Bowie biographer Nicholas Pegg later suggested that Garson’s contributions to Aladdin Sane created “a vigorous hybrid between the Stones and Kurt Weill”, while the album’s more experimental leanings revealed that Bowie was keen to broaden his horizons beyond the guitar-driven anthems that had turned him into rock’s hottest property while fronting The Spiders From Mars.

“I didn’t want to be trapped in this Ziggy character all my life”

Released on 13 April 1973, Aladdin Sane debuted at No.1 on the UK chart and made it to No.17 in the US, while Bowie went on to whip The Spiders’ UK audiences into a frenzy one last time during their UK tour of May and June. Then, on the tour’s final night, at London’s Hammersmith Odeon, on 3 July, he famously made good on the lyrics to the song Ziggy Stardust, breaking up the band in public at the very height of his first flush of fame.

Inevitably, fans (and some members of his band) were stunned, but there was no time for sentiment. Bowie had already embarked on the remarkable creative trajectory that would soon lead to further classic albums such as Diamond Dogs, Young Americans and Station To Station. Indeed, it was only decades later, when Bowie finally took stock, that he realised how urgent, compelling and downright essential an album Aladdin Sane really was.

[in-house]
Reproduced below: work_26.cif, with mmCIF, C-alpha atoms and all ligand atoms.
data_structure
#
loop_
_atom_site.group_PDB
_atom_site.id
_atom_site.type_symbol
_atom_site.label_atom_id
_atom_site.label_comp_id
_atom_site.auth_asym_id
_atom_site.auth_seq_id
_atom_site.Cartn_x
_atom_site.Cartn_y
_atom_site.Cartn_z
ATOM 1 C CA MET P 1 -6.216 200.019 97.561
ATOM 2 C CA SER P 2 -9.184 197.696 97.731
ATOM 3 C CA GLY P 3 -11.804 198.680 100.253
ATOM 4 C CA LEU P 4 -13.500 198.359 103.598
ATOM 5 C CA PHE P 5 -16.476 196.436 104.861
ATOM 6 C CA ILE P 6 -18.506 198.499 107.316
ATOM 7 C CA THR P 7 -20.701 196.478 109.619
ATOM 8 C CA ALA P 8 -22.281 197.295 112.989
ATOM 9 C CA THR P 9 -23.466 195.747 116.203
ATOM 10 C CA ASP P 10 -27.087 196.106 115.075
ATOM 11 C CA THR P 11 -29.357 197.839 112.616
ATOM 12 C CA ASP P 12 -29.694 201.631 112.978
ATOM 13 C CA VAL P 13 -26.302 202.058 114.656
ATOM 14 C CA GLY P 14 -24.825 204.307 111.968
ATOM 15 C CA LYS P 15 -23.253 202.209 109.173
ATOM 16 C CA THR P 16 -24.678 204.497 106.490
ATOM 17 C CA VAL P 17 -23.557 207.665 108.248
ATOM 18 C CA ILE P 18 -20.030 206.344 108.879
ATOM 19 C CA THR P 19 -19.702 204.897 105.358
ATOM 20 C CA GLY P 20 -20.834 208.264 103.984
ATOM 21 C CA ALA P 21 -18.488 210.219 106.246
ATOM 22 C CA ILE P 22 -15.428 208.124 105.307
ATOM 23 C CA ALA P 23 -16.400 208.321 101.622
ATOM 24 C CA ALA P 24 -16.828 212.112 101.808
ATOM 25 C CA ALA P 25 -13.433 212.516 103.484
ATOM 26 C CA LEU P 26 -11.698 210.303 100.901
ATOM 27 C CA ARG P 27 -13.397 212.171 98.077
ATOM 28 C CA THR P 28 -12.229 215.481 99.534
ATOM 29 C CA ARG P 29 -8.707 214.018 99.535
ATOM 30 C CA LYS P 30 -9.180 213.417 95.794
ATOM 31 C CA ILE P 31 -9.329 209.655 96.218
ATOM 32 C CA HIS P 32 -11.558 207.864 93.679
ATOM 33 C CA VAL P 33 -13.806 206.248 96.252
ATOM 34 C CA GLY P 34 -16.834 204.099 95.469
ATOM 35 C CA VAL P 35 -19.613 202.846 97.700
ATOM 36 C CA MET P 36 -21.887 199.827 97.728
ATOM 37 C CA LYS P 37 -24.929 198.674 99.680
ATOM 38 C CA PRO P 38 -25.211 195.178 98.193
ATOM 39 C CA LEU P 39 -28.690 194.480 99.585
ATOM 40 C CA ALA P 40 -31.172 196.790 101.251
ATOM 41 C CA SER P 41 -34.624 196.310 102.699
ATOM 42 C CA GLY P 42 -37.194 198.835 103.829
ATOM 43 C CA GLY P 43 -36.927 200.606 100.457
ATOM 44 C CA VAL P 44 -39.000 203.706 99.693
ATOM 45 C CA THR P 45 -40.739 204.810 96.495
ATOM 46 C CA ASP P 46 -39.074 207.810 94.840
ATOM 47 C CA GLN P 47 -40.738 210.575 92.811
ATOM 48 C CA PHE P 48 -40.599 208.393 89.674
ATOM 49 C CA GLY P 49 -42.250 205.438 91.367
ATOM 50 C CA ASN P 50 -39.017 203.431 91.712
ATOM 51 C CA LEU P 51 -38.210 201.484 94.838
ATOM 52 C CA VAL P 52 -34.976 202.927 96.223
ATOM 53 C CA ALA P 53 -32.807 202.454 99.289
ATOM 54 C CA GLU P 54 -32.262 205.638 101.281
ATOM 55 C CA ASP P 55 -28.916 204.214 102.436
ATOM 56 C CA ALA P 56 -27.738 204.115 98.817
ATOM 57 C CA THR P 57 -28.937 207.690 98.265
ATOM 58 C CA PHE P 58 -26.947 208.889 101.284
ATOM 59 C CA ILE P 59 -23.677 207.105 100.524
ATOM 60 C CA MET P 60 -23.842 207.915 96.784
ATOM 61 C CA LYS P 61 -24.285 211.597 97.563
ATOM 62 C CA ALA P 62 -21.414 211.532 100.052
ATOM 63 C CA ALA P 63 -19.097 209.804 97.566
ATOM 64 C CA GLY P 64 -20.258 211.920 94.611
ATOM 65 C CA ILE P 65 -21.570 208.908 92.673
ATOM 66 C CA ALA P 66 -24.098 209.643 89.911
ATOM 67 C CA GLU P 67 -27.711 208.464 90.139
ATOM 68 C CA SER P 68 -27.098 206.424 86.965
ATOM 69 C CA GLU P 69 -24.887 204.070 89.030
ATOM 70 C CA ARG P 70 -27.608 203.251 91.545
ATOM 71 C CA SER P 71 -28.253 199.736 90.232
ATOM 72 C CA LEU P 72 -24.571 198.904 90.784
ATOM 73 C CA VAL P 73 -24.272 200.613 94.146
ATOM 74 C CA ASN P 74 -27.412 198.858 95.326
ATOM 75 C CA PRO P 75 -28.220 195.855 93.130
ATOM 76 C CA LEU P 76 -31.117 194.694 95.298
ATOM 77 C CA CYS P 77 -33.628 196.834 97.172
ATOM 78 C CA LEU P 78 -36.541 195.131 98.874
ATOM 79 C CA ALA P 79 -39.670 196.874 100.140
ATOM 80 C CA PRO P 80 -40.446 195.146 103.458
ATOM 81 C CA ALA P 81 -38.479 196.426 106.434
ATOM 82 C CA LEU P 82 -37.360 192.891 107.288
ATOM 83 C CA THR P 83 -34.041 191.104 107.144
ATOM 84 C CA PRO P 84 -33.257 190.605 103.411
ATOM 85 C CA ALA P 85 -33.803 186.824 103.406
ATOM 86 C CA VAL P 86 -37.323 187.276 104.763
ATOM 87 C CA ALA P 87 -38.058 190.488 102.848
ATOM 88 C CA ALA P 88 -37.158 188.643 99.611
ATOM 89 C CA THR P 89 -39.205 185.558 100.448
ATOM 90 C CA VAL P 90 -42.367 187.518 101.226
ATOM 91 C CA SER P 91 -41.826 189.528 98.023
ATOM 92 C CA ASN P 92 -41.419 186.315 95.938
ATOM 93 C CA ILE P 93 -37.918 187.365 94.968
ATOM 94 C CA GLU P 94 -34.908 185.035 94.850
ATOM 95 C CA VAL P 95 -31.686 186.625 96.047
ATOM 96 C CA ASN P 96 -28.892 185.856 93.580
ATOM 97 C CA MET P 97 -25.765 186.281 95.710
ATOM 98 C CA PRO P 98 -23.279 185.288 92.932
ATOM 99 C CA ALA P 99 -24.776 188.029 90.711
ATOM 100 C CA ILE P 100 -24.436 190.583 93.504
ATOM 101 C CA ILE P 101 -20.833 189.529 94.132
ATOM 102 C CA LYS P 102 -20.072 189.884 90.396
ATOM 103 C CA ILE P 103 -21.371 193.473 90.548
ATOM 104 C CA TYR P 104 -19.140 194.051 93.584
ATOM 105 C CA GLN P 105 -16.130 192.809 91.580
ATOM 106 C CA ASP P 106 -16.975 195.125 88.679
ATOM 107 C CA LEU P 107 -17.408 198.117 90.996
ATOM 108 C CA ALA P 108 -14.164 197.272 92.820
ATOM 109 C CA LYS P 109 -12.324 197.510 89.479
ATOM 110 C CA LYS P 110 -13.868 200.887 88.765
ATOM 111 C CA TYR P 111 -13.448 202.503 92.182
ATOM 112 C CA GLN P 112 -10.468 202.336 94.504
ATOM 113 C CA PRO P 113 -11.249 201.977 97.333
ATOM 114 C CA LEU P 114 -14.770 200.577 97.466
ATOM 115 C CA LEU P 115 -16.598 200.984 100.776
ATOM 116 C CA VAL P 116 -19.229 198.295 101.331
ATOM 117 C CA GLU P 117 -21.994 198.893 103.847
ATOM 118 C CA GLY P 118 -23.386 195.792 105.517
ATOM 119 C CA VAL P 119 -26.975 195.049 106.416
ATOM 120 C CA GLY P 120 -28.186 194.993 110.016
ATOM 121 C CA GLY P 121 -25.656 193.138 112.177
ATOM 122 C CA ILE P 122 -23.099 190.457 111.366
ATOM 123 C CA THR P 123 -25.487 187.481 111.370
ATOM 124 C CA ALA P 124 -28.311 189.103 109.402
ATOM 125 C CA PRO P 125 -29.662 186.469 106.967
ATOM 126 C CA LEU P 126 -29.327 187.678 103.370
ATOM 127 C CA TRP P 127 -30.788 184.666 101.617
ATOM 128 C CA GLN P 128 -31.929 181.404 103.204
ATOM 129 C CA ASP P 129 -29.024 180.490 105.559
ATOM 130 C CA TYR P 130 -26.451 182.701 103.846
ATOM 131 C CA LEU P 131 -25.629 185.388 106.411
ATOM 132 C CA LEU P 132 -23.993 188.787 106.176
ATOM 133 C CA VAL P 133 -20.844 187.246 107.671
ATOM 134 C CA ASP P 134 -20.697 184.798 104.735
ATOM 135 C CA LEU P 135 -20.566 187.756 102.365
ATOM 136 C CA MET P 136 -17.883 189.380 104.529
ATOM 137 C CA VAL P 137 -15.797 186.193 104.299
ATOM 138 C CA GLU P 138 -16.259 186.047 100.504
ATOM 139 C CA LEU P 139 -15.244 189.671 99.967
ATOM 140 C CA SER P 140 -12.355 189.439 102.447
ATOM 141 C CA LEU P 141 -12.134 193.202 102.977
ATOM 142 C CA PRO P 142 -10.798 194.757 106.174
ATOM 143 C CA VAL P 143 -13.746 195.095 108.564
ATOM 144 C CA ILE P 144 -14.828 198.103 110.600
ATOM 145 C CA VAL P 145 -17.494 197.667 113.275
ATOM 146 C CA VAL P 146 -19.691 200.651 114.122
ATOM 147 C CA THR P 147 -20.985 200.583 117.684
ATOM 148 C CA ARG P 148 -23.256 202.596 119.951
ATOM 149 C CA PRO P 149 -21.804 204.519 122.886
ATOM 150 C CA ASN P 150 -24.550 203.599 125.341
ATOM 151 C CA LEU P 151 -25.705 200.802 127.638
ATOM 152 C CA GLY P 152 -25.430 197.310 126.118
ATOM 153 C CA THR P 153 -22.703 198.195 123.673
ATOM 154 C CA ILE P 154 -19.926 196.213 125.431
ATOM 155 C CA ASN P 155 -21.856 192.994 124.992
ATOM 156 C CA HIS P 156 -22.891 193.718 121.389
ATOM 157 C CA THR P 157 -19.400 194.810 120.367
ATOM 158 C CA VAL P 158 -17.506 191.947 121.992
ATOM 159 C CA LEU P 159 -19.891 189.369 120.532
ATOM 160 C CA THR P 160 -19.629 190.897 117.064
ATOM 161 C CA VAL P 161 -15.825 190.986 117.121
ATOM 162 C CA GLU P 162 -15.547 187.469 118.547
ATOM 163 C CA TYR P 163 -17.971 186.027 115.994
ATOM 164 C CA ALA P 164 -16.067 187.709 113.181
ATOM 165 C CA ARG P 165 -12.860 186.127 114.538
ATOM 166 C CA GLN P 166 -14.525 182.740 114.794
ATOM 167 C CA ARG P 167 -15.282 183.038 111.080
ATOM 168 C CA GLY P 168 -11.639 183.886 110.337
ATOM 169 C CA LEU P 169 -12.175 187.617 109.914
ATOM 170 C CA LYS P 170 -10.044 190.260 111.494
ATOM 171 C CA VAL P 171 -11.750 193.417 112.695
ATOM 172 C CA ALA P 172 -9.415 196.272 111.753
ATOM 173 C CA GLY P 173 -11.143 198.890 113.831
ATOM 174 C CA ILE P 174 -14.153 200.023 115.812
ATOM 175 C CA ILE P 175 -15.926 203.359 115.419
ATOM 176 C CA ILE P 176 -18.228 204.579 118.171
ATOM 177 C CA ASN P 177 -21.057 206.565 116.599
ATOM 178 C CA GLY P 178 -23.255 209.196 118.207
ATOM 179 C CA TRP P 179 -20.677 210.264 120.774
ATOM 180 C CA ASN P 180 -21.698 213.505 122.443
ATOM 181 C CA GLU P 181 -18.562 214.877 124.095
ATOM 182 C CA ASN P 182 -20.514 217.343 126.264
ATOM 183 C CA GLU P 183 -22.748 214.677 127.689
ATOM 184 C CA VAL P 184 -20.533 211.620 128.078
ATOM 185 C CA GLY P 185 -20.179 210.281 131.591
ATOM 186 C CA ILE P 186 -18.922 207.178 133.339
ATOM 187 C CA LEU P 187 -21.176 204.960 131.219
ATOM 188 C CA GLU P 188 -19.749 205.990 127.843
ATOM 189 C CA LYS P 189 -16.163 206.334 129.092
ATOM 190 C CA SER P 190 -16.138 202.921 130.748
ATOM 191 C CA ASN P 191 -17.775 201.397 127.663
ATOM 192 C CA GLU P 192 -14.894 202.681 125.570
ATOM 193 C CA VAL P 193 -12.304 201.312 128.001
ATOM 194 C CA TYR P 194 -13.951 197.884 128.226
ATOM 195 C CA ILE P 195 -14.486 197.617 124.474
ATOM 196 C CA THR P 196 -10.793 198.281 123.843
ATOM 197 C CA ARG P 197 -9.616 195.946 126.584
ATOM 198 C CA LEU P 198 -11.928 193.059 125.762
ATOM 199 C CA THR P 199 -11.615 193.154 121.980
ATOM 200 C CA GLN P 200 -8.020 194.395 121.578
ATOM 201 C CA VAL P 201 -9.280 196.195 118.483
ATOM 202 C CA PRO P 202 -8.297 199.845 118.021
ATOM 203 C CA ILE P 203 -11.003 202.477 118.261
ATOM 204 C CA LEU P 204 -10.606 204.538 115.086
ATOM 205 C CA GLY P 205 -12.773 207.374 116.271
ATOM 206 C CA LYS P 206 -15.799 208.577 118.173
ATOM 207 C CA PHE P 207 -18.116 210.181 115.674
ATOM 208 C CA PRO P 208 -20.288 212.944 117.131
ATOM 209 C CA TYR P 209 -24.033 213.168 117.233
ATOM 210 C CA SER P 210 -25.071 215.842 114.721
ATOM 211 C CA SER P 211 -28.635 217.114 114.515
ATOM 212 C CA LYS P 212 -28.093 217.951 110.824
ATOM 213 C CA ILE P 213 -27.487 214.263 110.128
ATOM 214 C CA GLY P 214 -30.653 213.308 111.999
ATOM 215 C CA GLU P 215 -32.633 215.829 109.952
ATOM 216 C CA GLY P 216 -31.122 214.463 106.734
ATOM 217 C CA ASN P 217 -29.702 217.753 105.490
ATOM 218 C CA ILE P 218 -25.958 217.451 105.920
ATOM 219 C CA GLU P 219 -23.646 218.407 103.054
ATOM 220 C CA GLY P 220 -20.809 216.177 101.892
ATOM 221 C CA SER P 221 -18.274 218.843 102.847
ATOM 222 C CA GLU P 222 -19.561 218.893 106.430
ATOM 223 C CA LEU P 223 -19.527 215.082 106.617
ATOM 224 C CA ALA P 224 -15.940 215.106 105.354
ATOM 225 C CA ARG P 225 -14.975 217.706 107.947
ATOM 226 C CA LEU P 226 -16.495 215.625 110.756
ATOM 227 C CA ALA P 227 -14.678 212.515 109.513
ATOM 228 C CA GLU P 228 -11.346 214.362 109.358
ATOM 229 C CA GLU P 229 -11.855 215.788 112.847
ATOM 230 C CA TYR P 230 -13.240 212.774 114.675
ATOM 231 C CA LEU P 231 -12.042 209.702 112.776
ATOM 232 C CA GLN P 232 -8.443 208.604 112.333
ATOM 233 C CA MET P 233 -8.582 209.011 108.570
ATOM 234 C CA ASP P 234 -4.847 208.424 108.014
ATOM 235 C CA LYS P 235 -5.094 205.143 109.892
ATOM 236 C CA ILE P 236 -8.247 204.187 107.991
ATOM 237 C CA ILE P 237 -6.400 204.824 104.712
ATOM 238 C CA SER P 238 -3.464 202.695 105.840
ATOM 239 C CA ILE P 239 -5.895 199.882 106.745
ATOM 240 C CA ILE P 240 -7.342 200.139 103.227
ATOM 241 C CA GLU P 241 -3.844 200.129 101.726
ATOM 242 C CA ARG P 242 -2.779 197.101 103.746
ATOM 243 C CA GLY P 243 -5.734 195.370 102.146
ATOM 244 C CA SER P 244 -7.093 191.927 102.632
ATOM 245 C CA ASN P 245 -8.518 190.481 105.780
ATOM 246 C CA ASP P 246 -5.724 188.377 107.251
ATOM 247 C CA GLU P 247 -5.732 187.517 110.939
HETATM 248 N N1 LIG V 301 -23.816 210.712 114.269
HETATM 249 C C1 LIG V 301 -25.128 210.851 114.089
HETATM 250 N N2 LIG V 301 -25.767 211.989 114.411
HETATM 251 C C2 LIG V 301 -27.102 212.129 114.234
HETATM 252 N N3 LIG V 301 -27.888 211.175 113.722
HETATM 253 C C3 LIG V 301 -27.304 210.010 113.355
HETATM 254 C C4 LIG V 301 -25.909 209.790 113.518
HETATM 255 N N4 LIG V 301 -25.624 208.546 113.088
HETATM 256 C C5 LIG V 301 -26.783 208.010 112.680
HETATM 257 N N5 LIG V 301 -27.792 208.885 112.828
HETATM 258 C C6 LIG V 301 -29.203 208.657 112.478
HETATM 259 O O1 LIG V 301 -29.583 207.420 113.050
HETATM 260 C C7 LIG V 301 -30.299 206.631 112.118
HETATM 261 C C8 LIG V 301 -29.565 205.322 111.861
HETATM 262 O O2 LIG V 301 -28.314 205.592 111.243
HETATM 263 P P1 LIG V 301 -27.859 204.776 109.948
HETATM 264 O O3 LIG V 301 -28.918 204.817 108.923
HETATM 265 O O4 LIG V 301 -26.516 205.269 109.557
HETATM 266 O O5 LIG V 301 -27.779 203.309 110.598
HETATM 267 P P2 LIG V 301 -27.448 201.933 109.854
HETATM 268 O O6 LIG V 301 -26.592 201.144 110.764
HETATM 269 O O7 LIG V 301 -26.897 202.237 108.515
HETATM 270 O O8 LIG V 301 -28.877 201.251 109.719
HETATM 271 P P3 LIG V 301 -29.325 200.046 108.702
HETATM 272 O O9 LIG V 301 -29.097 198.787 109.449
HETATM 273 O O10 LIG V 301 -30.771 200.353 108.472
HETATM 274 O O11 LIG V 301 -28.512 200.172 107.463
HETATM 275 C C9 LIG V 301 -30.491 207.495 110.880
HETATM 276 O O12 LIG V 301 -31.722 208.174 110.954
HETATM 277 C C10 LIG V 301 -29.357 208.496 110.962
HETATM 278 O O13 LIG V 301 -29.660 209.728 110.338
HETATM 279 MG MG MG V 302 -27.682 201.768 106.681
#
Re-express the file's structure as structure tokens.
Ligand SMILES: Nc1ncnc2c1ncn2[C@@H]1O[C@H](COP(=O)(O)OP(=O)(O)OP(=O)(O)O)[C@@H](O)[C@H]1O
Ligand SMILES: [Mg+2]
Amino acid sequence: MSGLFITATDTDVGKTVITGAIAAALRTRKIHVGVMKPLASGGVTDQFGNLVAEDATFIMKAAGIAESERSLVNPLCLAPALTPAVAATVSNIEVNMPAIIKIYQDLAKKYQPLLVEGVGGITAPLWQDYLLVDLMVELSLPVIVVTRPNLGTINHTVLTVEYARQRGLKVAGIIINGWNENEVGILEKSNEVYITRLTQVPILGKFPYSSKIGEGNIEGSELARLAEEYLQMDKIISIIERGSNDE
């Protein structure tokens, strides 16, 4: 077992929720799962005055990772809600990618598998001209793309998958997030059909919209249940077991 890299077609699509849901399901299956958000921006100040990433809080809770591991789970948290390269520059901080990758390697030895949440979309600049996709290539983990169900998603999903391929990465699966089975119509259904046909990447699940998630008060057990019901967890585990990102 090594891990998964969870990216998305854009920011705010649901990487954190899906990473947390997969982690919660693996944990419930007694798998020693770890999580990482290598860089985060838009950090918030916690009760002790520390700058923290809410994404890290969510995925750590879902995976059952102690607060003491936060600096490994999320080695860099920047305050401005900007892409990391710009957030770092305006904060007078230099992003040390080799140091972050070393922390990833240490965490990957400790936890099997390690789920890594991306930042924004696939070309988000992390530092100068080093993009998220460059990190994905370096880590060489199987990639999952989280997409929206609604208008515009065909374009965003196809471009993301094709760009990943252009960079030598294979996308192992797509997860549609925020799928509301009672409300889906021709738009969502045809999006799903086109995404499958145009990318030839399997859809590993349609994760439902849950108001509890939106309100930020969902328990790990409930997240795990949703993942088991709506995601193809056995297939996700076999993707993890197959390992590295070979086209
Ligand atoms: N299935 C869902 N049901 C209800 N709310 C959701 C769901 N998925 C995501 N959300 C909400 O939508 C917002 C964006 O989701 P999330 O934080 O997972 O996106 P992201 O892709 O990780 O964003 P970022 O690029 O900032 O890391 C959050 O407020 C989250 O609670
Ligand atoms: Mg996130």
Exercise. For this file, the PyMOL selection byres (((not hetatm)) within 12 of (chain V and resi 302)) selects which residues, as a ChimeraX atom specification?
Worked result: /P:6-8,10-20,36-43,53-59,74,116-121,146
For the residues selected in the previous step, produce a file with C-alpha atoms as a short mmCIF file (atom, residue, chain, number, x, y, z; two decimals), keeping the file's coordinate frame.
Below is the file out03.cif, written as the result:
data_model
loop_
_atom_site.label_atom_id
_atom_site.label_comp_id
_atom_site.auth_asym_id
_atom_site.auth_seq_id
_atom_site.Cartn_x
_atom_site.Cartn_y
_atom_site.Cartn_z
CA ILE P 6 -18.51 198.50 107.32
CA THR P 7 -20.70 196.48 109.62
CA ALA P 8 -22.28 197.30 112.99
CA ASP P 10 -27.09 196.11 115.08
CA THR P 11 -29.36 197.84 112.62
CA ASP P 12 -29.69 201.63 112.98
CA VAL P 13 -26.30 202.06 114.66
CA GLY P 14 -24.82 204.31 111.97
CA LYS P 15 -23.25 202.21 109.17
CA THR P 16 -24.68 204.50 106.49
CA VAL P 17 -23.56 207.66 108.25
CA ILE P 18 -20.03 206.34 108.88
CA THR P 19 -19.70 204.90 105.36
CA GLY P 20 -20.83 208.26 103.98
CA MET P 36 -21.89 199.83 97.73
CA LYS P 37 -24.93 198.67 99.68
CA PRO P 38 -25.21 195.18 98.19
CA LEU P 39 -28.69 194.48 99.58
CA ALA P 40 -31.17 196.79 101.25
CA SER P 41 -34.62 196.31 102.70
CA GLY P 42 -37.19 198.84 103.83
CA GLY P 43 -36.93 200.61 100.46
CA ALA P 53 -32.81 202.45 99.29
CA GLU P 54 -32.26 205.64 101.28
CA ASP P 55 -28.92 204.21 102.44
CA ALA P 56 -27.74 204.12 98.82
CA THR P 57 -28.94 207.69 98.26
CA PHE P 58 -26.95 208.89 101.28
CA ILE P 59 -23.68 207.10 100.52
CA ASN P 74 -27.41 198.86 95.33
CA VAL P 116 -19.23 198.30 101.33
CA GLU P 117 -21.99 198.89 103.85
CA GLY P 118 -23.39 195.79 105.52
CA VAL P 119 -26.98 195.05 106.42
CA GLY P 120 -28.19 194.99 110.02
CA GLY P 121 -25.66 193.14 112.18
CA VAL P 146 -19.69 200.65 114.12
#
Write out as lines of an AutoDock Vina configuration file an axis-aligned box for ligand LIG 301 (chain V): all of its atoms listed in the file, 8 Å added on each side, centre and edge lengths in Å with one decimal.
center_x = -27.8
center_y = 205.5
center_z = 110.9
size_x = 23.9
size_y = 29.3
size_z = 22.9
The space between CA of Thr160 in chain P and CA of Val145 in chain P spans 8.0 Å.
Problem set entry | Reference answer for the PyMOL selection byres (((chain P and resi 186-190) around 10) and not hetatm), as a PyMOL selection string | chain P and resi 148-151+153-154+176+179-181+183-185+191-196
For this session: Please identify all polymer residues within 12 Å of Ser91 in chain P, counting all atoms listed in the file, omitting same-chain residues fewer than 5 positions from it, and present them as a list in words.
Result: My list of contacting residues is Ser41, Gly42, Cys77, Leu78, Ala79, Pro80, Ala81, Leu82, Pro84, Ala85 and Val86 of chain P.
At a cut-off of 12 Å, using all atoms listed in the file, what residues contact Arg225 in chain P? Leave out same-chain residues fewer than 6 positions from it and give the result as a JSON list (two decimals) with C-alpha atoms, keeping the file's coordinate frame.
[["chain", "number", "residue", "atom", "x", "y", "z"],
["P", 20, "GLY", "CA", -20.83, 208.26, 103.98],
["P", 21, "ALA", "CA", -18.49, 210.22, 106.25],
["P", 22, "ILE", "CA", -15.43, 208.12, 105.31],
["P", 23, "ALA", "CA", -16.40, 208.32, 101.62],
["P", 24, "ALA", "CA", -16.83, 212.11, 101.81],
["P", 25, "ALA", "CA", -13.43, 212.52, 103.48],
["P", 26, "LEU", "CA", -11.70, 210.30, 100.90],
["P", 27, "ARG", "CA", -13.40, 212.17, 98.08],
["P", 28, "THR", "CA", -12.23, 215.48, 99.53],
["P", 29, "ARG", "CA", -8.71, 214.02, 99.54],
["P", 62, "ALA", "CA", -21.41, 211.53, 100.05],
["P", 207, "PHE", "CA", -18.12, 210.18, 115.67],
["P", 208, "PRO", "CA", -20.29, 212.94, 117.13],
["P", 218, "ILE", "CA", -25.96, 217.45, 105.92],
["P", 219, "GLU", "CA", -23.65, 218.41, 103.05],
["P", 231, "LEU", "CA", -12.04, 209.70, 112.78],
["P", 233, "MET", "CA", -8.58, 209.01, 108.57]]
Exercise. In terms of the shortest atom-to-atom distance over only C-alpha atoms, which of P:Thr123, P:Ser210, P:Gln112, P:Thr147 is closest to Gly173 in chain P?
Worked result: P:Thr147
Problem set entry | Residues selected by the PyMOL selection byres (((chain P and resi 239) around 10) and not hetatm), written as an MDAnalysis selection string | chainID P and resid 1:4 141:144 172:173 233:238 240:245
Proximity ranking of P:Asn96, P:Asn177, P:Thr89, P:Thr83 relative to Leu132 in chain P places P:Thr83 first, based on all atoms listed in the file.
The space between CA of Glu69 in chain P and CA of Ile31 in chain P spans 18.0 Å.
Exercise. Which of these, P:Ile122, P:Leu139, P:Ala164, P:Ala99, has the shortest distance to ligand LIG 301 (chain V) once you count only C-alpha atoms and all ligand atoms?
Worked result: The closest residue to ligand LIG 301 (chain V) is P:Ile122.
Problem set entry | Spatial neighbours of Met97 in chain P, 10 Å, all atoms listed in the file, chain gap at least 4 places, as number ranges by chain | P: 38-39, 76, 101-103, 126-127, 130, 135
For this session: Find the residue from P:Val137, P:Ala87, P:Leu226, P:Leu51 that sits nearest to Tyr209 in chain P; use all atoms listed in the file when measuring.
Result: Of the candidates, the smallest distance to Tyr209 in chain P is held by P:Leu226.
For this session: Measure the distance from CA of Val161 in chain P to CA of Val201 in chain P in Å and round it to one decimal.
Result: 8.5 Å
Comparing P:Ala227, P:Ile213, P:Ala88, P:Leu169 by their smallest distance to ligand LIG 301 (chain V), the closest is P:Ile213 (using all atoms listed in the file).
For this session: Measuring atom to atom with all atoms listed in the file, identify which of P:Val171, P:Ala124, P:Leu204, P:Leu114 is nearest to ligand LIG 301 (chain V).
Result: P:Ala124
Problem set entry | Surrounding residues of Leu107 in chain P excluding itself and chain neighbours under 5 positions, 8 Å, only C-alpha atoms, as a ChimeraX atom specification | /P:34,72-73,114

“There was a point in ’73 when I knew I didn’t want to be trapped in this Ziggy character all my life and there were other things I needed to do,” he later recalled. “So, Aladdin Sane was almost like a treading water album, but funnily enough, in retrospect, for me it’s a more successful album than Ziggy was.”

Find out where Aladdin Sane ranks in our run-down of all 28 David Bowie album covers.